Bears board chairman George McCaskey heaped praise upon Bill Polian the day after the season ended.
Retained as McCaskey's advisor and a member of the hiring committee, Polian is the last best home for a respectable new coach and GM.
"We have a great resource available to us and we're gonna take great advantage of that resource," McCaskey said of the former Colts president and GM.
It is Polian providing the direction to the hiring committee and it's perceived that this is his show to run since McCaskey has acknowledged he is but a "football fan."
CEO and president Ted Phillips apparently has even less gridiron expertise than McCaskey, as his lone organizational tie to football decision-making was severed when McCaskey changed the organizational structure so that the new GM reports directly to him.
McCaskey is completely taken by Polian's knowledge and expertise at hiring coaches, and for good reason: Polian really hasn't hired a dud for a coach.
Polian hired Marv Levy out of the broadcast booth and the front office of the CFL's Montreal Alouettes to coach the Buffalo Bills. He hired Dom Capers from Pittsburgh to be Carolina's first coach, drawing the Panthers both a fine and lost draft picks because of their overly aggressive approach. Then Capers made the NFC championship game in the franchise's second year of existence.
Polian fired Lindy Infante and hired Jim Mora with the Colts. Then he hired Tony Dungy with the Colts and later promoted Jim Caldwell from assistant to Colts coach after Dungy retired.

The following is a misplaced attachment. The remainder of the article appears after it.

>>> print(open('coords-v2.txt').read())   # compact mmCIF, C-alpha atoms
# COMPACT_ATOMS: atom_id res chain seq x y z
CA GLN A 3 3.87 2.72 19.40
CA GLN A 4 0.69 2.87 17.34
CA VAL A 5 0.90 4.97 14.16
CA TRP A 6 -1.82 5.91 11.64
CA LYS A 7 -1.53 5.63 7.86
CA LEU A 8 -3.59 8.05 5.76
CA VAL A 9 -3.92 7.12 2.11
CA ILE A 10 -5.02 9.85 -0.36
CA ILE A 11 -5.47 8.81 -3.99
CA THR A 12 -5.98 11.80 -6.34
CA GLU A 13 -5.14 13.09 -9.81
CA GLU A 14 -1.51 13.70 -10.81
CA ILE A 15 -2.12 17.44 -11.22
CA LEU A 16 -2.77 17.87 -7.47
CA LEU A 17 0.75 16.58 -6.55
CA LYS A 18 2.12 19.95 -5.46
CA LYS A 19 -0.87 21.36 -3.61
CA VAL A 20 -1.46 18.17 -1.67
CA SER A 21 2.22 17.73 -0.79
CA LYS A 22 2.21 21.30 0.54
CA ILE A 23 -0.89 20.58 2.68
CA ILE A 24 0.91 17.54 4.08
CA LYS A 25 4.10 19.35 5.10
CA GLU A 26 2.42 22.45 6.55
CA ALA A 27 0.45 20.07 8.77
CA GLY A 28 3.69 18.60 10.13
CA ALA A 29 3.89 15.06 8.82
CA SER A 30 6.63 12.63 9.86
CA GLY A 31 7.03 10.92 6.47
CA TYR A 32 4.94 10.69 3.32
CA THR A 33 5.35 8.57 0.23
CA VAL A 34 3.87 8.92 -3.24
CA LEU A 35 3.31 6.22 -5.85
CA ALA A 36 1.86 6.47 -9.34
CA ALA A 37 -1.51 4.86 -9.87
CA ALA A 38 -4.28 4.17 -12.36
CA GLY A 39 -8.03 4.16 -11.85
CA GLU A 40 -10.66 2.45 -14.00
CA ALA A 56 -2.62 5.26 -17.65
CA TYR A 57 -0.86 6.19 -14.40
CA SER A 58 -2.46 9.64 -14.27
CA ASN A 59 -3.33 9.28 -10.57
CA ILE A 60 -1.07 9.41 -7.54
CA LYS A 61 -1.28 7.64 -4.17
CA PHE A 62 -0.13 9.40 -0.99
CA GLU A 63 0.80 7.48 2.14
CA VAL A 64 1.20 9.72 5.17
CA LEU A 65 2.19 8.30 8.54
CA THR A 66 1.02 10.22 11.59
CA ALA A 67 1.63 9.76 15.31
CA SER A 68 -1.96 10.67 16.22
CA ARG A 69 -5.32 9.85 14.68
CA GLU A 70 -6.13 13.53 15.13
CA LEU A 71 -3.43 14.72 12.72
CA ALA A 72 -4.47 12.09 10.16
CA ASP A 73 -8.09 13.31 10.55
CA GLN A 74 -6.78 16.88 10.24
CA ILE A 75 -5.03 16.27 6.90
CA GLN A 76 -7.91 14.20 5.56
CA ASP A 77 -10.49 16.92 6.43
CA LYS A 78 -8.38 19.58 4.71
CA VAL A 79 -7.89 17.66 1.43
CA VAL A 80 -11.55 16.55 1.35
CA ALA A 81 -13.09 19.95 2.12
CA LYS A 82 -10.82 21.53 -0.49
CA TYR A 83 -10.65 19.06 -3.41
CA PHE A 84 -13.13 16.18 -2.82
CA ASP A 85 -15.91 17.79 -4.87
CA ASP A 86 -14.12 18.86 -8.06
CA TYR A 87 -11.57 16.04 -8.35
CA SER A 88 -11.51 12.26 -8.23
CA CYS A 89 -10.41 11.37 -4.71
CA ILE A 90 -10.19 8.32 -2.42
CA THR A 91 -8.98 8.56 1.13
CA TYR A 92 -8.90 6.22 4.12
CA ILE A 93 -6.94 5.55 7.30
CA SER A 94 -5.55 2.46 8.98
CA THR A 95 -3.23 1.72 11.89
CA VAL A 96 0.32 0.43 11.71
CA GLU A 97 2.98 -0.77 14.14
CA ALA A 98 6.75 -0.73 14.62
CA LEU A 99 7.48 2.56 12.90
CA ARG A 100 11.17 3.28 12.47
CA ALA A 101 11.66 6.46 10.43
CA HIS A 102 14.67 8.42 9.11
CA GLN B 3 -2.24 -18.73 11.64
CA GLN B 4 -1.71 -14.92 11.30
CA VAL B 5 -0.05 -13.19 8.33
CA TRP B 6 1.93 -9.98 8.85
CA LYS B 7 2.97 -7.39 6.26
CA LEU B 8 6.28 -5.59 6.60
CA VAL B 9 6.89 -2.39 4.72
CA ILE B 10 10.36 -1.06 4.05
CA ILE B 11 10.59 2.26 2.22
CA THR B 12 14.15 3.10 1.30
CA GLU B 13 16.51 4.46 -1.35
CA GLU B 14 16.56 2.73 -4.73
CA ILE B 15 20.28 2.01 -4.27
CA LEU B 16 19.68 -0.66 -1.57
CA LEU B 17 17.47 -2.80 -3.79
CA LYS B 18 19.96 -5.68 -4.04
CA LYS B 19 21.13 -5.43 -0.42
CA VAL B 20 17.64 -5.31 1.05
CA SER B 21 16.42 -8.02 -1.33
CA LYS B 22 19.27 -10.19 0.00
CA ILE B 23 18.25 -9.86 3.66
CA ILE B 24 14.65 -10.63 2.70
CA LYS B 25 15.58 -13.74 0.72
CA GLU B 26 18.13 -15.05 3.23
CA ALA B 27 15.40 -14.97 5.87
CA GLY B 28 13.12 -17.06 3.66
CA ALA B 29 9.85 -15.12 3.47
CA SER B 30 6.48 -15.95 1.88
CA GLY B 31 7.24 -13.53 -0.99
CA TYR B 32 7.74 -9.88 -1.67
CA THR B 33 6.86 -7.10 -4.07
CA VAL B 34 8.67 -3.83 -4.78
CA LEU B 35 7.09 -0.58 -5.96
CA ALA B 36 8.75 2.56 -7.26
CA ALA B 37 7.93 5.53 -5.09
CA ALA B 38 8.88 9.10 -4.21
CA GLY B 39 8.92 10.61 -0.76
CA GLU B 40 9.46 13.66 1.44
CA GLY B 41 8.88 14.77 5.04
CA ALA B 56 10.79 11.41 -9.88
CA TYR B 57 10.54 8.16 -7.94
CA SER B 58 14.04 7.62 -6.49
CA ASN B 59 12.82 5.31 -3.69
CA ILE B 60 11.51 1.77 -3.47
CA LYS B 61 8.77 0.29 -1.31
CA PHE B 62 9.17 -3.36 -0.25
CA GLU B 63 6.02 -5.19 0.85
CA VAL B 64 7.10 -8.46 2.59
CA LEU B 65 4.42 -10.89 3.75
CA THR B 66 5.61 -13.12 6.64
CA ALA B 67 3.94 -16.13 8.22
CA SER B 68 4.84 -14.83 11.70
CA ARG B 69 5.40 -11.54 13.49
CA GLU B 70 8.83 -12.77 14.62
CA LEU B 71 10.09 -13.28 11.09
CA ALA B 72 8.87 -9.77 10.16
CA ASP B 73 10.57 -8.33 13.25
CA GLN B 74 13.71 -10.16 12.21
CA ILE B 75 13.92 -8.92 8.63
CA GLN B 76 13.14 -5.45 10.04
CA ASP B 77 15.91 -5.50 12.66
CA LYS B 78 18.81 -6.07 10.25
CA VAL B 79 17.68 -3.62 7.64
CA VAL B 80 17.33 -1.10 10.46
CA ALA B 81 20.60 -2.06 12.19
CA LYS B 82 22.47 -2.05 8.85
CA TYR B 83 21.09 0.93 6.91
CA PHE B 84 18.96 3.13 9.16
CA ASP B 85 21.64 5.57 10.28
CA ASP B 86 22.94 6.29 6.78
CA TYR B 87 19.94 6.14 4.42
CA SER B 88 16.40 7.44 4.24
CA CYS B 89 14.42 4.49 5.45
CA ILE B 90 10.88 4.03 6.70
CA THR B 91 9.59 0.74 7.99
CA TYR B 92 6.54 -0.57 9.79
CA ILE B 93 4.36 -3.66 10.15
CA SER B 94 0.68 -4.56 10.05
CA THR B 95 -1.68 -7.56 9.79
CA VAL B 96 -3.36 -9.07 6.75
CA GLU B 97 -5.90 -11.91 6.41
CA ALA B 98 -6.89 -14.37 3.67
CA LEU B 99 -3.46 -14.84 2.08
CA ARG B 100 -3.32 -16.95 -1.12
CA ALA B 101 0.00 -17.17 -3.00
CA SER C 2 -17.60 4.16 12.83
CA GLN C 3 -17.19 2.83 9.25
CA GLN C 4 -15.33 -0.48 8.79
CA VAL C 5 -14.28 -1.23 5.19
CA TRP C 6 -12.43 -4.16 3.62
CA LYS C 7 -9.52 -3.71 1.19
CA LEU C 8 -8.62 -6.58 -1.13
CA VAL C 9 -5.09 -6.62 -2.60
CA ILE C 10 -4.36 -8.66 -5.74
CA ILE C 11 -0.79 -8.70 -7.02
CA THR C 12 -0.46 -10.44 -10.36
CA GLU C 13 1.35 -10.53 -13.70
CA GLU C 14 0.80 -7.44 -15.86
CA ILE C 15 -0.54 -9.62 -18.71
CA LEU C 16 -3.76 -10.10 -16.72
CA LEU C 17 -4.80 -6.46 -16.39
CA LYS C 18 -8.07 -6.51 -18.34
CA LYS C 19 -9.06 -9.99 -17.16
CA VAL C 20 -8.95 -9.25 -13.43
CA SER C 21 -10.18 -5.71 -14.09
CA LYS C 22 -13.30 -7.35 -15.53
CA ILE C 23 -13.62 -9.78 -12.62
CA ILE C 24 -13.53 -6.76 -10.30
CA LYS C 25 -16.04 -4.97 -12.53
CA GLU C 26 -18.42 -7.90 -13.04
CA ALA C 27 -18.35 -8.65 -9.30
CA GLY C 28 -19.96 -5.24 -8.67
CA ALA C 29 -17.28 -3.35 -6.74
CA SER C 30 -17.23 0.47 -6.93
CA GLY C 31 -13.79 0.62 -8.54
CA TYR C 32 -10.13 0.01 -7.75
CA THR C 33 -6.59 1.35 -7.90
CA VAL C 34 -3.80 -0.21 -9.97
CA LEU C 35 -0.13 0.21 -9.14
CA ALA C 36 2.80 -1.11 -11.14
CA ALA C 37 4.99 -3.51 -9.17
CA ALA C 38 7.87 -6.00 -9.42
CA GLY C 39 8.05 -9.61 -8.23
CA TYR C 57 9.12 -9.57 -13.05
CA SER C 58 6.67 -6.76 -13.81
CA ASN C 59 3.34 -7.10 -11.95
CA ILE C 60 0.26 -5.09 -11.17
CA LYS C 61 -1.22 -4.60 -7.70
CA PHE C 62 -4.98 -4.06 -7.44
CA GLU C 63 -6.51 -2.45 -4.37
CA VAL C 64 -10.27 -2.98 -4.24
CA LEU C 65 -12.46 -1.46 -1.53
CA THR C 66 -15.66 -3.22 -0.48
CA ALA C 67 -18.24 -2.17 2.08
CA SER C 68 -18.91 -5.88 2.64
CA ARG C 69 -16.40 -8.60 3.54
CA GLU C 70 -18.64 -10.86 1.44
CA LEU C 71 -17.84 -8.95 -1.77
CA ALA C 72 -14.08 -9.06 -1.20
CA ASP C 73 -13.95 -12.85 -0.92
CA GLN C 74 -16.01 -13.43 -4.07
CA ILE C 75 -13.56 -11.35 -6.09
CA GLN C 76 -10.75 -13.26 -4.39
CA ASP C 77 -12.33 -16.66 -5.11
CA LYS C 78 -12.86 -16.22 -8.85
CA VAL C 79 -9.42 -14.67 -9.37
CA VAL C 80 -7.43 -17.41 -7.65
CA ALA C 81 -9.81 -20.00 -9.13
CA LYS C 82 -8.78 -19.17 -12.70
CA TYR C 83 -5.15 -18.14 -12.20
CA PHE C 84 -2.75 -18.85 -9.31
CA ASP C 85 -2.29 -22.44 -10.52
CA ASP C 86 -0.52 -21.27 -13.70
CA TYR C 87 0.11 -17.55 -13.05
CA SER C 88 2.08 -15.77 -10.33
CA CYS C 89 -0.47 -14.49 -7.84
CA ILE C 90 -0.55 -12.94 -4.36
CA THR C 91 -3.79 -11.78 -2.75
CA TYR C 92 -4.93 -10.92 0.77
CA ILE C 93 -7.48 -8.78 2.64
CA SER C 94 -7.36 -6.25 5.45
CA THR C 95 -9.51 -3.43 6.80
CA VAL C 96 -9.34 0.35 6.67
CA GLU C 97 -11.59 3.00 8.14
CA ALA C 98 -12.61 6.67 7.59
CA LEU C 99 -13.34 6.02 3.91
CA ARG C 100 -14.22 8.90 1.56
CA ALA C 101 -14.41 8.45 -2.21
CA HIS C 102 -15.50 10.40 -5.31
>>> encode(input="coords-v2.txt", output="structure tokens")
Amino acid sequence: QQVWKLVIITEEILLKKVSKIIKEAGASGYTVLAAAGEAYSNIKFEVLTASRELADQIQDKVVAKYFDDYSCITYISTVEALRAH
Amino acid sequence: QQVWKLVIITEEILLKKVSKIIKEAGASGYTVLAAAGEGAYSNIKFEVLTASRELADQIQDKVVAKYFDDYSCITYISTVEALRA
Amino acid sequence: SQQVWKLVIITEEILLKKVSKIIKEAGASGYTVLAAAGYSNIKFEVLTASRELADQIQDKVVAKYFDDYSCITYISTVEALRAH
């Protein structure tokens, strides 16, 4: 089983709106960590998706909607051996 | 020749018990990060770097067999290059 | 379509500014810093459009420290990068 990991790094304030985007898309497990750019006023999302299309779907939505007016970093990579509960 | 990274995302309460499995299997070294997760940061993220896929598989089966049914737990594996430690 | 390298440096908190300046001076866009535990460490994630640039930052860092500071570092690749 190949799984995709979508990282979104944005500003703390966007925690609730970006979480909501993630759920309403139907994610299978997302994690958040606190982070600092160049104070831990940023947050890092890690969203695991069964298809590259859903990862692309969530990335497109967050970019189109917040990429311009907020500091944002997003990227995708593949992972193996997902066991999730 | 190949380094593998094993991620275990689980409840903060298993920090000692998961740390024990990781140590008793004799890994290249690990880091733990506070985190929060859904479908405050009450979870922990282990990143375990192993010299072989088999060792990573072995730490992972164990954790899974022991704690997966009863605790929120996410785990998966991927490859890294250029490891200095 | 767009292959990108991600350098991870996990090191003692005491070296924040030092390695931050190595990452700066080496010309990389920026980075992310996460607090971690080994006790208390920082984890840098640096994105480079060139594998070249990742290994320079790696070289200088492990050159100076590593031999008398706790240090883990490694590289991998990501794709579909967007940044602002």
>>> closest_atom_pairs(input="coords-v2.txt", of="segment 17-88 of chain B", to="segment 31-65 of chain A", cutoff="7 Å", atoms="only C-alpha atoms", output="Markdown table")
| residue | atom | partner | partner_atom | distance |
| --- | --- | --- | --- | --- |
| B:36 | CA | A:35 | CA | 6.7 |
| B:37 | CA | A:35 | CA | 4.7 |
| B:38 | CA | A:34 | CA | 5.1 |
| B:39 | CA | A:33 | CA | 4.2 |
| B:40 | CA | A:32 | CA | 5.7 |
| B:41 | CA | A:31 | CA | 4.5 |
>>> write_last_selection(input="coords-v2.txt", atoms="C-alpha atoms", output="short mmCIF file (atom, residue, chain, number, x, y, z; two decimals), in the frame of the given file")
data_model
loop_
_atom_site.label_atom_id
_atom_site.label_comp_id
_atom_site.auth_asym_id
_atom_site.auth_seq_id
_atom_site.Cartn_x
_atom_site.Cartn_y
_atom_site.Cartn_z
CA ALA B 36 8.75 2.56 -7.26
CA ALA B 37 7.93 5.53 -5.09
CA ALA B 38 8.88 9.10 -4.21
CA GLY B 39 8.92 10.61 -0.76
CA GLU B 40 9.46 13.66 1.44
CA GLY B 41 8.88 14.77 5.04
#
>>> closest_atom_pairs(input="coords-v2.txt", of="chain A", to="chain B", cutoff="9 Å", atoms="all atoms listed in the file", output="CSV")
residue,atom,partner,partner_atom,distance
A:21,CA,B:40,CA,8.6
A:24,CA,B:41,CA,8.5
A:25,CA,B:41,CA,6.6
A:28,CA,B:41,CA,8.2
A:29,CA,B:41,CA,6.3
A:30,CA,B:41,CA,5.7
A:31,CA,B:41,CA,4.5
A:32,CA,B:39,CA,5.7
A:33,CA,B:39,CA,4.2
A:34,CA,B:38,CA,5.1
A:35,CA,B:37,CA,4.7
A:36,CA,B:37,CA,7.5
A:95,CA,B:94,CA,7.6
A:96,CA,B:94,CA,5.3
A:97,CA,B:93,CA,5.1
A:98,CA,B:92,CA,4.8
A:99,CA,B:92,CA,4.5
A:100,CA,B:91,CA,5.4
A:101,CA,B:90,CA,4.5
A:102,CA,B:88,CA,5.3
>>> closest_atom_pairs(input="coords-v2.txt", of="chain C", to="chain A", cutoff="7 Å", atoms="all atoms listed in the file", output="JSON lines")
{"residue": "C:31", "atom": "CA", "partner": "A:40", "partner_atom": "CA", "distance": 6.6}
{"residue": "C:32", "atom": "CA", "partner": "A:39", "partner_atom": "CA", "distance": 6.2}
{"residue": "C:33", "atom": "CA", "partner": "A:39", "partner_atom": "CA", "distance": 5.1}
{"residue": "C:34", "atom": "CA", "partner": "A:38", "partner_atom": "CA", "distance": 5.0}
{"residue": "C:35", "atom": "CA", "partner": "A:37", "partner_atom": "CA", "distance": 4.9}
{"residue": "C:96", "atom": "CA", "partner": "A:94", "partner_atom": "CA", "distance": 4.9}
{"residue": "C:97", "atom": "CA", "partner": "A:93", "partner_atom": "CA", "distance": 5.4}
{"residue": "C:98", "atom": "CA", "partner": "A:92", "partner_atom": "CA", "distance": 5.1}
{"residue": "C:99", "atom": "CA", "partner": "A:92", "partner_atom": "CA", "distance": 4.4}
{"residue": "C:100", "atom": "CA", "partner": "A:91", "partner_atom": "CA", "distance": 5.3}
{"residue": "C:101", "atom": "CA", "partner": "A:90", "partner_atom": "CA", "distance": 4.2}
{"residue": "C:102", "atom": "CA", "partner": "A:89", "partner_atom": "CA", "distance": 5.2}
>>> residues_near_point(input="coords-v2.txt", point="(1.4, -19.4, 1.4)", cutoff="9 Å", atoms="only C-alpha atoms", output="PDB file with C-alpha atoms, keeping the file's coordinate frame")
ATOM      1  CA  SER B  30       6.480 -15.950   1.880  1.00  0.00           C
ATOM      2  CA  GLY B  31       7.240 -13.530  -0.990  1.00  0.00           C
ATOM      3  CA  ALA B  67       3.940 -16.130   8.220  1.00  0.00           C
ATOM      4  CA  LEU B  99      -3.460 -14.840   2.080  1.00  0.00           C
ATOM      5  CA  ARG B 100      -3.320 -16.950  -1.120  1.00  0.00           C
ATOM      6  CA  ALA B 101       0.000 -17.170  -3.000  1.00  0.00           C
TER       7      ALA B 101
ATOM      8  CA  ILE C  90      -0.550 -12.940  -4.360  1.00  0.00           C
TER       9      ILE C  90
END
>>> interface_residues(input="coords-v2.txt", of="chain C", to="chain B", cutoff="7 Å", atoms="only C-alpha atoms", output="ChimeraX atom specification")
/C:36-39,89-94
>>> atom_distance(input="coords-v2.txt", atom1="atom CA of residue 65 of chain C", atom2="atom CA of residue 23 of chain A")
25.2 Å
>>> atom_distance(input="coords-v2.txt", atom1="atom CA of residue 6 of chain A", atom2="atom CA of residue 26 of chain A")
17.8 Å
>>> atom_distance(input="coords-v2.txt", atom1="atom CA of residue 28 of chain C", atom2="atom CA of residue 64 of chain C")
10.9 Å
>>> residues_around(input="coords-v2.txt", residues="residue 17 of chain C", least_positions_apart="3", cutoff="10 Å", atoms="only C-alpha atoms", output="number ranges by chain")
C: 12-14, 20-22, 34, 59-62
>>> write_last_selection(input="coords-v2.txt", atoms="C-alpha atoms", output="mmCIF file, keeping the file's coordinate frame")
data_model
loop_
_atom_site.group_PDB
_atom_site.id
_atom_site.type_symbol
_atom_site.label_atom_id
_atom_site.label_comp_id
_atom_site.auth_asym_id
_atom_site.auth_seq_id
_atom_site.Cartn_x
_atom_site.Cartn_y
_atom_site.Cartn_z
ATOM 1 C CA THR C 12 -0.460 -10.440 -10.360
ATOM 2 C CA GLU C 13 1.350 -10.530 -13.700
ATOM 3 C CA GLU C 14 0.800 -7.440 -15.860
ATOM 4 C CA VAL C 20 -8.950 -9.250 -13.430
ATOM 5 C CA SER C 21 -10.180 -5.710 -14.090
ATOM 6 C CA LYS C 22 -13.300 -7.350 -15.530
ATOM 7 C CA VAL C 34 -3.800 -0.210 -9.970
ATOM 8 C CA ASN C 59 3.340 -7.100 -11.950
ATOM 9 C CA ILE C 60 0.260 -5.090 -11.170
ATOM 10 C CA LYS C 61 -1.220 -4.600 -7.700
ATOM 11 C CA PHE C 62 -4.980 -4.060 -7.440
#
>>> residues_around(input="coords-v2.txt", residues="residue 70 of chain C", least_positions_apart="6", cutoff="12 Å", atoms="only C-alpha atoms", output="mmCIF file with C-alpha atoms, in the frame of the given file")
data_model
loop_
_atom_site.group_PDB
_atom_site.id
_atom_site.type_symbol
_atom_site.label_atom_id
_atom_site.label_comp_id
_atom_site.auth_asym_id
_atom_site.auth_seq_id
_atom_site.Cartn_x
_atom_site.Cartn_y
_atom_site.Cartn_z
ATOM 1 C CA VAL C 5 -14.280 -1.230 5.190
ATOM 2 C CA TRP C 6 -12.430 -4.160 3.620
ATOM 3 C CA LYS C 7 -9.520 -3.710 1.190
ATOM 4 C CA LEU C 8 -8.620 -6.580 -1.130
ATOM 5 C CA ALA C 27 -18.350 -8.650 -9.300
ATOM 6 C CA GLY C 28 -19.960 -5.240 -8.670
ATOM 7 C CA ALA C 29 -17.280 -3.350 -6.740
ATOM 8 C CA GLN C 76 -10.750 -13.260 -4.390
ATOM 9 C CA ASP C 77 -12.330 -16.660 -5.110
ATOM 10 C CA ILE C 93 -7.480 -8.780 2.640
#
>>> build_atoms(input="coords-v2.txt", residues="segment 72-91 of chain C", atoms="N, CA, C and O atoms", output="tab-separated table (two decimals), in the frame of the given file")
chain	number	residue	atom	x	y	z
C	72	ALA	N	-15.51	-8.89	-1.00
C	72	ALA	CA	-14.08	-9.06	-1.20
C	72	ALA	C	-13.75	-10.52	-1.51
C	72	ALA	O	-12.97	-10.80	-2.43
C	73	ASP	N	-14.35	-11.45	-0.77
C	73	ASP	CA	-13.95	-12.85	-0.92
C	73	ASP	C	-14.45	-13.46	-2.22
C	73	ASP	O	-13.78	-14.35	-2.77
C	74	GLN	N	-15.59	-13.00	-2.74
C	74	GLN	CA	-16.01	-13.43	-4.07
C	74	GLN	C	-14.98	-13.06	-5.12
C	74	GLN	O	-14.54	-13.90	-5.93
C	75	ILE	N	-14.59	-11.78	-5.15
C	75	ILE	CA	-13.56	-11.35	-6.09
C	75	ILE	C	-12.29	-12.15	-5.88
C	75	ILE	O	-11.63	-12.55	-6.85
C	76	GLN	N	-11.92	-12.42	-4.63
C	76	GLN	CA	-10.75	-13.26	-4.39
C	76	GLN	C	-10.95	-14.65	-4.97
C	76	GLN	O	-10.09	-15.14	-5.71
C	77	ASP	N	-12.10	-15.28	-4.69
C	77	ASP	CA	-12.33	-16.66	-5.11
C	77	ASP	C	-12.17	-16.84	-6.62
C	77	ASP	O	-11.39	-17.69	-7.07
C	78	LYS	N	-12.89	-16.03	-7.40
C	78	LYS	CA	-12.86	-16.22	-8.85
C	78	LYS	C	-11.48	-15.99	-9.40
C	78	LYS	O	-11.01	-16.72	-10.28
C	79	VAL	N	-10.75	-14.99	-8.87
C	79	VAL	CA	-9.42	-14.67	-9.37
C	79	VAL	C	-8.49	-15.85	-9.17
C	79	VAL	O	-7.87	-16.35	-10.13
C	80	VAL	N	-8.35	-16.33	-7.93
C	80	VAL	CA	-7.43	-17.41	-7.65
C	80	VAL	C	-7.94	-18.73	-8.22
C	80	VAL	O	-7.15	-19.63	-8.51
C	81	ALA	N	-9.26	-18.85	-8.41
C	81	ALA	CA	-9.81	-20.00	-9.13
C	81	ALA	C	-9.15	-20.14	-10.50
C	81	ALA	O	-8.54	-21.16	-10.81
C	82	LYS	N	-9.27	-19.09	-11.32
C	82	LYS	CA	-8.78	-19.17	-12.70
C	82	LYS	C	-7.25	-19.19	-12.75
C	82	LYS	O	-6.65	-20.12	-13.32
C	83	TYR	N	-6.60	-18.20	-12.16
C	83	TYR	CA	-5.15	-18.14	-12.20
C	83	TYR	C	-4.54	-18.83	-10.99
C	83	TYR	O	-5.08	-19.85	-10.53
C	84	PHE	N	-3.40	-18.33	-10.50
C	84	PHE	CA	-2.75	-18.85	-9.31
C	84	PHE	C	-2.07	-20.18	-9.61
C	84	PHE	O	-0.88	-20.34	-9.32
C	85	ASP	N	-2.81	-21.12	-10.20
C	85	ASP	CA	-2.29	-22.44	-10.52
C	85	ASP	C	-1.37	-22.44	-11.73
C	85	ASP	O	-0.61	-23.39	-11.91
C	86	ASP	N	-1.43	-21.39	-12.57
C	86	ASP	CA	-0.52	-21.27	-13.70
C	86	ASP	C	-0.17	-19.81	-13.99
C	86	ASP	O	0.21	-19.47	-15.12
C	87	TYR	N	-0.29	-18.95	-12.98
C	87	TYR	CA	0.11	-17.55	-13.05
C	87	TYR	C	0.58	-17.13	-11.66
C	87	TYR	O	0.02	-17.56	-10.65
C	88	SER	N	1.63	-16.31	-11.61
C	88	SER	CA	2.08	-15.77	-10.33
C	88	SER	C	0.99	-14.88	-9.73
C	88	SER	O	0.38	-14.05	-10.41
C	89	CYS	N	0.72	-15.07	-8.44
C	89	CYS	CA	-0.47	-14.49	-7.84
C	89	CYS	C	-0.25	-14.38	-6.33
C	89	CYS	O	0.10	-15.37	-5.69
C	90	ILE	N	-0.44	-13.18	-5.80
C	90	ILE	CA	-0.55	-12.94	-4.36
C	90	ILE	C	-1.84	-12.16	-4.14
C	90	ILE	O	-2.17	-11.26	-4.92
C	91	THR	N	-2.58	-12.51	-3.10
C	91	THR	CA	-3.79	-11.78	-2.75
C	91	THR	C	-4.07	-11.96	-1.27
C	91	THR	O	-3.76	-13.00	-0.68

McCaskey pointed out how even though Polian has been out of the NFL as an executive since 2012, it hasn't reduced his knowledge on the current NFL.
"I was struck in our earliest conversations with Bill, how very much on top of the game he is and even on our situation," McCaskey said. "When we called him out of the blue, he was asking us detailed questions about our roster, about our injury situation with particular players.
"He was very much up on the game in general and the Bears' situation in particular. So I think we'll be in good hands leaning on Bill to help us make this decision."
Polian's Secret Sauce
Although out of the game three years at the time, Polian told the Atlanta Constitution he has a "four-page checklist" for hiring coaches and it revolves around three criteria: sound football philosophy, track record of success and an ability to lead players through tough times.
All of this must be seen as a positive from the standpoint of the Bears, a team which must import someone to tell them how to hire football people. They know more about tough times than just about anyone in the NFC North except Detroit.
At least McCaskey has someone doing this work who is a proven success and apparently remains on top of his game after years of being outside and looking in at the sport.
The problem with all of this is the Bears are not going to get the full impact of Polian's ability with their current setup.
As usual, Bears dysfunctional structure is at the root of the problem.
Polian's expertise is in hiring coaches and presumably identifying potential candidates capable of being hired.